Event Details

Photoville returns for its eighth year, in picturesque Brooklyn Bridge Plaza, from September 12-22, 2019.

Located in Brooklyn Bridge Park in DUMBO beneath the majestic span of the Brooklyn Bridge— will be transformed into an immersive photography village populated by 90+ shipping containers repurposed into galleries.


Melina Monserrat, yalaltec descendent at San Juan Celebration in Oaxaca City. June, 2018. | Photo credit: Citlali Fabian

Featuring:Brian Adams (Inupiaq), Russel Daniels (Diné & Ho-Chunk), Jeremy Dennis (Shinnecock), Citlali Fabian (Zapoteca), Kapulei Flores (Hawaiian), Kalen Goodluck (Three Affiliated Tribes & Navajo & Tsimshian), Tailyr Irvine (Confederated Salish & Kootenai), Pat Kane (Timiskaming First Nation), Yael Martinez (Nahua/Mexican), Jenny Irene Miller (Inupiaq), Pamela Peters (Diné/Navajo), Ryan RedCorn (Osage), Josue Rivas (Mexica & Otomi), Cara Romero (Chemehuevi), Camille Seaman (Shinnecock), Kali Spitzer (Kaska Dena & Jewish), Joe Whittle (Caddo & Delaware), Kiliii Yuyan (Nanai/Hezhen)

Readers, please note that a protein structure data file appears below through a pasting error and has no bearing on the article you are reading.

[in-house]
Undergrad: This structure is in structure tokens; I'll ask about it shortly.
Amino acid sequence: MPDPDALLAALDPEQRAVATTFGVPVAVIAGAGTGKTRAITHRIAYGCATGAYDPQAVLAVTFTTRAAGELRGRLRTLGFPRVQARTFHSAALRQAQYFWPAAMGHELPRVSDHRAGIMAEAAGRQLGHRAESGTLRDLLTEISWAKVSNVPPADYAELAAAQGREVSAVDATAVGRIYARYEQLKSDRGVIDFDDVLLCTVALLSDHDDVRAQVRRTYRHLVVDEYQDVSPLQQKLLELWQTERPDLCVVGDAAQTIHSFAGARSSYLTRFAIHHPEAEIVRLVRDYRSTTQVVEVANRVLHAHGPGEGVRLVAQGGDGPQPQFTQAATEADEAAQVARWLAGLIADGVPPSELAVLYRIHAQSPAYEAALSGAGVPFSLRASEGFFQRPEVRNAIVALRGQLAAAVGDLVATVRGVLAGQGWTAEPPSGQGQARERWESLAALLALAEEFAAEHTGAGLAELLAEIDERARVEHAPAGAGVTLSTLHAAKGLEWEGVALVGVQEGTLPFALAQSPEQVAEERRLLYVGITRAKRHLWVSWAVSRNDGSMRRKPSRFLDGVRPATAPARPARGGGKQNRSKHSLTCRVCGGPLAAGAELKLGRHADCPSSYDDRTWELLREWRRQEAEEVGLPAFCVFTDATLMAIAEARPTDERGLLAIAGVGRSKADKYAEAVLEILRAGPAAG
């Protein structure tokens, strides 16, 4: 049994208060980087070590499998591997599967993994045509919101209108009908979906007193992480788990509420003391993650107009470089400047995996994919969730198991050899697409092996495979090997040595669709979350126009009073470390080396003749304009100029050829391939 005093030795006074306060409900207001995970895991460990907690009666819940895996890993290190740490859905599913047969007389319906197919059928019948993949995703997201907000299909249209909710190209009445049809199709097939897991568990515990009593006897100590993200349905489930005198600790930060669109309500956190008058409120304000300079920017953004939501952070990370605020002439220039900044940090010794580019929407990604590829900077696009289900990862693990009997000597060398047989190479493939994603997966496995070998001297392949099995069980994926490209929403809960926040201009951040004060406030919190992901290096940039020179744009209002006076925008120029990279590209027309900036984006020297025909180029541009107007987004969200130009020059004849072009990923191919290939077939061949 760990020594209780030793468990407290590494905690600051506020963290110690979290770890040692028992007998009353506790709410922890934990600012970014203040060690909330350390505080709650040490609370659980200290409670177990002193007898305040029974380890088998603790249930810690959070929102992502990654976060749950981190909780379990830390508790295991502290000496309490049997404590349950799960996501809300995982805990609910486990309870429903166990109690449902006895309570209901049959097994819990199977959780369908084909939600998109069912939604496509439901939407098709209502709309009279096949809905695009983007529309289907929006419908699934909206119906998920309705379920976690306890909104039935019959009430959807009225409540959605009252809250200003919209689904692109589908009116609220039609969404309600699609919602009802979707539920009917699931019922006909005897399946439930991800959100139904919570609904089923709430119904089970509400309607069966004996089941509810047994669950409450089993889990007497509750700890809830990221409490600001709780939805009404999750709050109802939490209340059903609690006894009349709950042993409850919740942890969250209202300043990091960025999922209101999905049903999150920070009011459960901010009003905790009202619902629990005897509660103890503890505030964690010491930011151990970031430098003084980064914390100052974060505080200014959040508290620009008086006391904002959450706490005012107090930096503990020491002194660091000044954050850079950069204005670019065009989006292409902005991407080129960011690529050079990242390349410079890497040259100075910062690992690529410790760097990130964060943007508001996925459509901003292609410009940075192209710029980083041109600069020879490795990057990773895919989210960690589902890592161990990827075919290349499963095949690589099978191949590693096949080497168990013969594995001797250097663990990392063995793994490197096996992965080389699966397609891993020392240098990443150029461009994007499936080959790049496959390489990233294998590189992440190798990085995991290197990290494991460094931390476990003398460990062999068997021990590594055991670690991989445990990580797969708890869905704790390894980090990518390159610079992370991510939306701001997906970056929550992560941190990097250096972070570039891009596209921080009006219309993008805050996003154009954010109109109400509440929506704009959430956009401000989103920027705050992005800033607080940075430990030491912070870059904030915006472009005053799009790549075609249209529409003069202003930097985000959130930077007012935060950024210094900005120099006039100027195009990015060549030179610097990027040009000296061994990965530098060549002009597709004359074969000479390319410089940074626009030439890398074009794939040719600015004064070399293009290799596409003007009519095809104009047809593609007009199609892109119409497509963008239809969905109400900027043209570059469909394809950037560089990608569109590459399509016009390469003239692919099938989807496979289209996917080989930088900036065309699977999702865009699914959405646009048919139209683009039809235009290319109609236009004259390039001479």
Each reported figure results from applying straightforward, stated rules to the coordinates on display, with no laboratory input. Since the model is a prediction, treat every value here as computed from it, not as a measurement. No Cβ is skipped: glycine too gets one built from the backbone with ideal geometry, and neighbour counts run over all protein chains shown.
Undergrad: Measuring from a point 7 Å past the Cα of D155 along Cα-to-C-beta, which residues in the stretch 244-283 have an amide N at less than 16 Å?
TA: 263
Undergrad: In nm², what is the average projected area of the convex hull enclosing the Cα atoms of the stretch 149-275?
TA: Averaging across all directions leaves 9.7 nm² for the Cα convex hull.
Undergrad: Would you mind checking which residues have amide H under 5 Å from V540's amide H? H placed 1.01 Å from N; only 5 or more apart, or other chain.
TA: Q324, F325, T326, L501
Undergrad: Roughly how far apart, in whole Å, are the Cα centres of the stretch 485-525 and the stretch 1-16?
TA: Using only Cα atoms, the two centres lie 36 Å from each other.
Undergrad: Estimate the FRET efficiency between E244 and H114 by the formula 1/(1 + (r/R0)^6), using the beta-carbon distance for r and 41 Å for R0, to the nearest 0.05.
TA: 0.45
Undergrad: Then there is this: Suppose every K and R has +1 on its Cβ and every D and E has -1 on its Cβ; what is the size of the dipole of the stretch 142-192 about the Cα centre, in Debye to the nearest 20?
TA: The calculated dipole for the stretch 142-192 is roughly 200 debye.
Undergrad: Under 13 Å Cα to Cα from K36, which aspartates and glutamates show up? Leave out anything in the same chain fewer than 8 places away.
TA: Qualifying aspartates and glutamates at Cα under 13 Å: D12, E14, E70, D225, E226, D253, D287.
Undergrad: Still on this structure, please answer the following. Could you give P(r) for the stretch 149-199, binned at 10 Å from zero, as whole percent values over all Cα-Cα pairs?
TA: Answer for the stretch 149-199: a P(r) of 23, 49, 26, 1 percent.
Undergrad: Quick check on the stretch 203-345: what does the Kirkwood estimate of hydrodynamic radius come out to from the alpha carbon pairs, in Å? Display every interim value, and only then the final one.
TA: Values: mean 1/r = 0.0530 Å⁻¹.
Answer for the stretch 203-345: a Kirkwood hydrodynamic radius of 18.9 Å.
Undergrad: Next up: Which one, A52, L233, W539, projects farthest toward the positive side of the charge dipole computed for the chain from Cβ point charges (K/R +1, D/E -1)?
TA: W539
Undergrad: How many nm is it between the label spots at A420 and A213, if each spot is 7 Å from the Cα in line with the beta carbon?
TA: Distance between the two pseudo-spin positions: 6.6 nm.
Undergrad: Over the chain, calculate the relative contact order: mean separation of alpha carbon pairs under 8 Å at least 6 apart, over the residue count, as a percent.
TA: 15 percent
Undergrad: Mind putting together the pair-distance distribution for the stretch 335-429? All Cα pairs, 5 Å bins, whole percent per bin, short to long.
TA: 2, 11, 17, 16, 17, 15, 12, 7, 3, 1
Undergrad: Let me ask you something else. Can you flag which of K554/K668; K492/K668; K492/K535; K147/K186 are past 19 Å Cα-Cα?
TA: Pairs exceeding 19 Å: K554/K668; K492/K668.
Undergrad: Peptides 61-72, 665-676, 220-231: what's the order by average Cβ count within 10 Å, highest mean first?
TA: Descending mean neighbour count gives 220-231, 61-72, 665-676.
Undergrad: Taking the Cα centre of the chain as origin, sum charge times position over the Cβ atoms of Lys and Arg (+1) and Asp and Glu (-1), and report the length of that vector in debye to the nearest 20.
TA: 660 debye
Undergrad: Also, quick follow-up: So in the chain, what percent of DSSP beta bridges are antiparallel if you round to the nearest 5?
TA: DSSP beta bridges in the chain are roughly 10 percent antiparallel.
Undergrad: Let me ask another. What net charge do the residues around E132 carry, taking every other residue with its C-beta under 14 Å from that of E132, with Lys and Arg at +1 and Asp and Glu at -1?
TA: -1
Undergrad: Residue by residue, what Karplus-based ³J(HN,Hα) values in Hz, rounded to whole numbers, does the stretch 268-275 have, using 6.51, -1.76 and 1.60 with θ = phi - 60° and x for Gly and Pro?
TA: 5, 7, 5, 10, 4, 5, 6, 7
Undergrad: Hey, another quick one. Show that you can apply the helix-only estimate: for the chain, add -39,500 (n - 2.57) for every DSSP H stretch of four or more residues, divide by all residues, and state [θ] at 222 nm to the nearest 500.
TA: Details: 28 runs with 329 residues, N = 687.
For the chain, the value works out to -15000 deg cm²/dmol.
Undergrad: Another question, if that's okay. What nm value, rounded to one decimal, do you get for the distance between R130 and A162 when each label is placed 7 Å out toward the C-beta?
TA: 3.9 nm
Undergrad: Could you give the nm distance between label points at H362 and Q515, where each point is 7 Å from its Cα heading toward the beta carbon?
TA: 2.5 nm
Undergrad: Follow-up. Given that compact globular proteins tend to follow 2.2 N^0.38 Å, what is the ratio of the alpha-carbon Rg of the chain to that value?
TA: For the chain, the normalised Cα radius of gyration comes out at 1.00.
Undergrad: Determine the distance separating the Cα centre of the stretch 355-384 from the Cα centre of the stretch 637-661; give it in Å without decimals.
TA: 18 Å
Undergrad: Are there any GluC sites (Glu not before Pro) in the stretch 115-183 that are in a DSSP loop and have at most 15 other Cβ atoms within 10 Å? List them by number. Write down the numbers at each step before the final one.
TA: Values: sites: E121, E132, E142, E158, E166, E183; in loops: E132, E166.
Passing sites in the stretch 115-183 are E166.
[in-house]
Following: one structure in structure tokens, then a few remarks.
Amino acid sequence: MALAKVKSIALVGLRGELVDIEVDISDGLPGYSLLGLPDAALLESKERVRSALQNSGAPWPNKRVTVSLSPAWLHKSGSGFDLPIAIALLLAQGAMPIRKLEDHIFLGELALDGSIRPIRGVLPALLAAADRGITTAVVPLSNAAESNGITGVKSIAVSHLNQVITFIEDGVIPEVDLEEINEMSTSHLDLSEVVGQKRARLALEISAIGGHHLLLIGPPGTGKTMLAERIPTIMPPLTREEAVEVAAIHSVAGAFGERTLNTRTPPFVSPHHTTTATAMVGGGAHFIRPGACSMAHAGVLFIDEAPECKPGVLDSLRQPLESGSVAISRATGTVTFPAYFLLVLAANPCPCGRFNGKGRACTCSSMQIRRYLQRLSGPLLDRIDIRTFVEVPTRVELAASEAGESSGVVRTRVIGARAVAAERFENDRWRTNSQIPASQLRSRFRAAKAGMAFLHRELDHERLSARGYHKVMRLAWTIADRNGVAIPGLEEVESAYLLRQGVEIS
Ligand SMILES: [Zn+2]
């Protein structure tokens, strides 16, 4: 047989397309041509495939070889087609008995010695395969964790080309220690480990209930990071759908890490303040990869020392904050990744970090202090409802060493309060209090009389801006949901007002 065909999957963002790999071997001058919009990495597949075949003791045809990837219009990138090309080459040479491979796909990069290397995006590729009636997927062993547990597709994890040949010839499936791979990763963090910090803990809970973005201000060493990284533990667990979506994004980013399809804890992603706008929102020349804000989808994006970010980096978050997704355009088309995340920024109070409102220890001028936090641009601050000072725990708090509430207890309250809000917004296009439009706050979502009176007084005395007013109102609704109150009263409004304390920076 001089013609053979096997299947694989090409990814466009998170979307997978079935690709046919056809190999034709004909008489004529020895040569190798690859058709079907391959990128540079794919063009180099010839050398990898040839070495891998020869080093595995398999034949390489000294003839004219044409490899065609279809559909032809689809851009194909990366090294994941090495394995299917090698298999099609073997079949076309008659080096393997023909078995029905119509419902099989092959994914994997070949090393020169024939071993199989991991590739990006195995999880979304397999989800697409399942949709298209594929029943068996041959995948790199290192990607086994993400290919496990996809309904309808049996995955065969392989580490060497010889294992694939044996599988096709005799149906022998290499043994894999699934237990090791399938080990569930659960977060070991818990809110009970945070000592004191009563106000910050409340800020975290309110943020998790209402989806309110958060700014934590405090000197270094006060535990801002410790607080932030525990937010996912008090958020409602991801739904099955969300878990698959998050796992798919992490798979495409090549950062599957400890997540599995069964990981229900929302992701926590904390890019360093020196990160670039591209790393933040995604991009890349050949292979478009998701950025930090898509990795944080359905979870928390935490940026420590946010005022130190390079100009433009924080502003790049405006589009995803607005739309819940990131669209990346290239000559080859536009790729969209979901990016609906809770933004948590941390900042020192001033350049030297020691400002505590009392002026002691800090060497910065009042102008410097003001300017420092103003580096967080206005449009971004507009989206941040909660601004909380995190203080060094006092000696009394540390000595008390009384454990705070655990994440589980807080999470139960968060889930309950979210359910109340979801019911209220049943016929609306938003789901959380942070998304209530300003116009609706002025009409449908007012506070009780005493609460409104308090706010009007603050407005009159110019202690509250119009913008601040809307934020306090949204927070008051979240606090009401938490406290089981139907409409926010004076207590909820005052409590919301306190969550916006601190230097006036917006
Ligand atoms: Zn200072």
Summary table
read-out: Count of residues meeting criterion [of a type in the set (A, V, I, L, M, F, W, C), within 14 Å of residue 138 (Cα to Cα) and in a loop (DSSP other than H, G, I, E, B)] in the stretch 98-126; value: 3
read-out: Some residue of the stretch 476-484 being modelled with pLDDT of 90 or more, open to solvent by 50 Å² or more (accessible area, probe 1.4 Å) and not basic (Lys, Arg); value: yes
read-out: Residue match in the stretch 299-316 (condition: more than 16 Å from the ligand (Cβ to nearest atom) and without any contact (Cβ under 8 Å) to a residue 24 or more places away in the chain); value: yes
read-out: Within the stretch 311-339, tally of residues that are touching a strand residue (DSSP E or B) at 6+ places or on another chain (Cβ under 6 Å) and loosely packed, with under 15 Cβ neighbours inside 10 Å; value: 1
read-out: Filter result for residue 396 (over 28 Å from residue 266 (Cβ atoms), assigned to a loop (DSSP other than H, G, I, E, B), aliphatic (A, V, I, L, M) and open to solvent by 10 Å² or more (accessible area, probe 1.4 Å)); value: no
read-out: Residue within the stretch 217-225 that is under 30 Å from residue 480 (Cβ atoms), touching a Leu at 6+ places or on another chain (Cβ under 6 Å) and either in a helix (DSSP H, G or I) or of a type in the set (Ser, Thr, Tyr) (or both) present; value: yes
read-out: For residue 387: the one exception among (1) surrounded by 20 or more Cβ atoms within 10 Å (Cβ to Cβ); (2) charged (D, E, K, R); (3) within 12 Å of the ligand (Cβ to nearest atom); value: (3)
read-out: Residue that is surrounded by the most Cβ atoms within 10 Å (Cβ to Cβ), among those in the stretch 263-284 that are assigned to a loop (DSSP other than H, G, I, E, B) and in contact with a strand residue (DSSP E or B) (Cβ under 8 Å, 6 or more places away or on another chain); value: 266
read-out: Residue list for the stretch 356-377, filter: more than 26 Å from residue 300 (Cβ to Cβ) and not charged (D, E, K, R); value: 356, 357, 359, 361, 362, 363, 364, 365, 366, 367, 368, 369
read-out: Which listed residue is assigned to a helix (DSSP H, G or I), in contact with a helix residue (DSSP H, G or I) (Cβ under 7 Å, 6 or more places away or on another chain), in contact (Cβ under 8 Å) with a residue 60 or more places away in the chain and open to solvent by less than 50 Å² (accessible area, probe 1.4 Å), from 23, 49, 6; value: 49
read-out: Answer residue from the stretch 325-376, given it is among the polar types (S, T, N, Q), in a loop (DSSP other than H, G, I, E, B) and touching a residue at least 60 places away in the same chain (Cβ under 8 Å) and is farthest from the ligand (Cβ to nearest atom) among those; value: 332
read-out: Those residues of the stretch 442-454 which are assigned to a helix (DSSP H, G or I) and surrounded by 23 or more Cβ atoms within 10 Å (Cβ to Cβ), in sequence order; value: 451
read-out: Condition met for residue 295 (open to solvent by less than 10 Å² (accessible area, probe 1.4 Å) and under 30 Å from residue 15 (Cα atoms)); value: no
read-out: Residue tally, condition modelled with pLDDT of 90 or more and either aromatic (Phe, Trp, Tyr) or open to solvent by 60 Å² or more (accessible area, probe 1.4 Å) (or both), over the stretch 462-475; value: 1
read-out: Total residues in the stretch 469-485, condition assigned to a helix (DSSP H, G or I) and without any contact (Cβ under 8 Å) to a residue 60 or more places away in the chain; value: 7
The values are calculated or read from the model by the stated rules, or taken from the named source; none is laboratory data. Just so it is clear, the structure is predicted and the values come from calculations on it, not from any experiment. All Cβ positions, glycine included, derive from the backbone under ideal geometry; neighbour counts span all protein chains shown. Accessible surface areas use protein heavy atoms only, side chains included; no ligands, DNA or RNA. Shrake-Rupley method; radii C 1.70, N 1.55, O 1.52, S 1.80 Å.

Presented by

Natives Photograph

Curated by

Josue Rivas + Daniella Zalcman

Printing by


Photographic depictions of Turtle Island (known to many as North America) have historically been controlled by non-native image-makers. From Edward Curtis to Jimmy Nelson, most of the past century’s documentation has routinely misrepresented, or exotically depicted the Indigenous people we see.

How We See Ourselves is a group exhibition with some of the thirty members of Natives Photograph, showing a deeper and more nuanced depiction of Indigenous life. This is an inside look at the communities, families, homes, and landscapes of this continent, created by artists using their cameras to reclaim their narrative.

Thumbnail photo credit: Brian Adams


Natives Photograph is a space to elevate the work of Indigenous visual journalists and bring balance to the way we tell stories about Indigenous people and their spaces. Our mission is to support the media industry in hiring more Indigenous photographers to tell the stories of their communities and to reflect on how we tell these stories.

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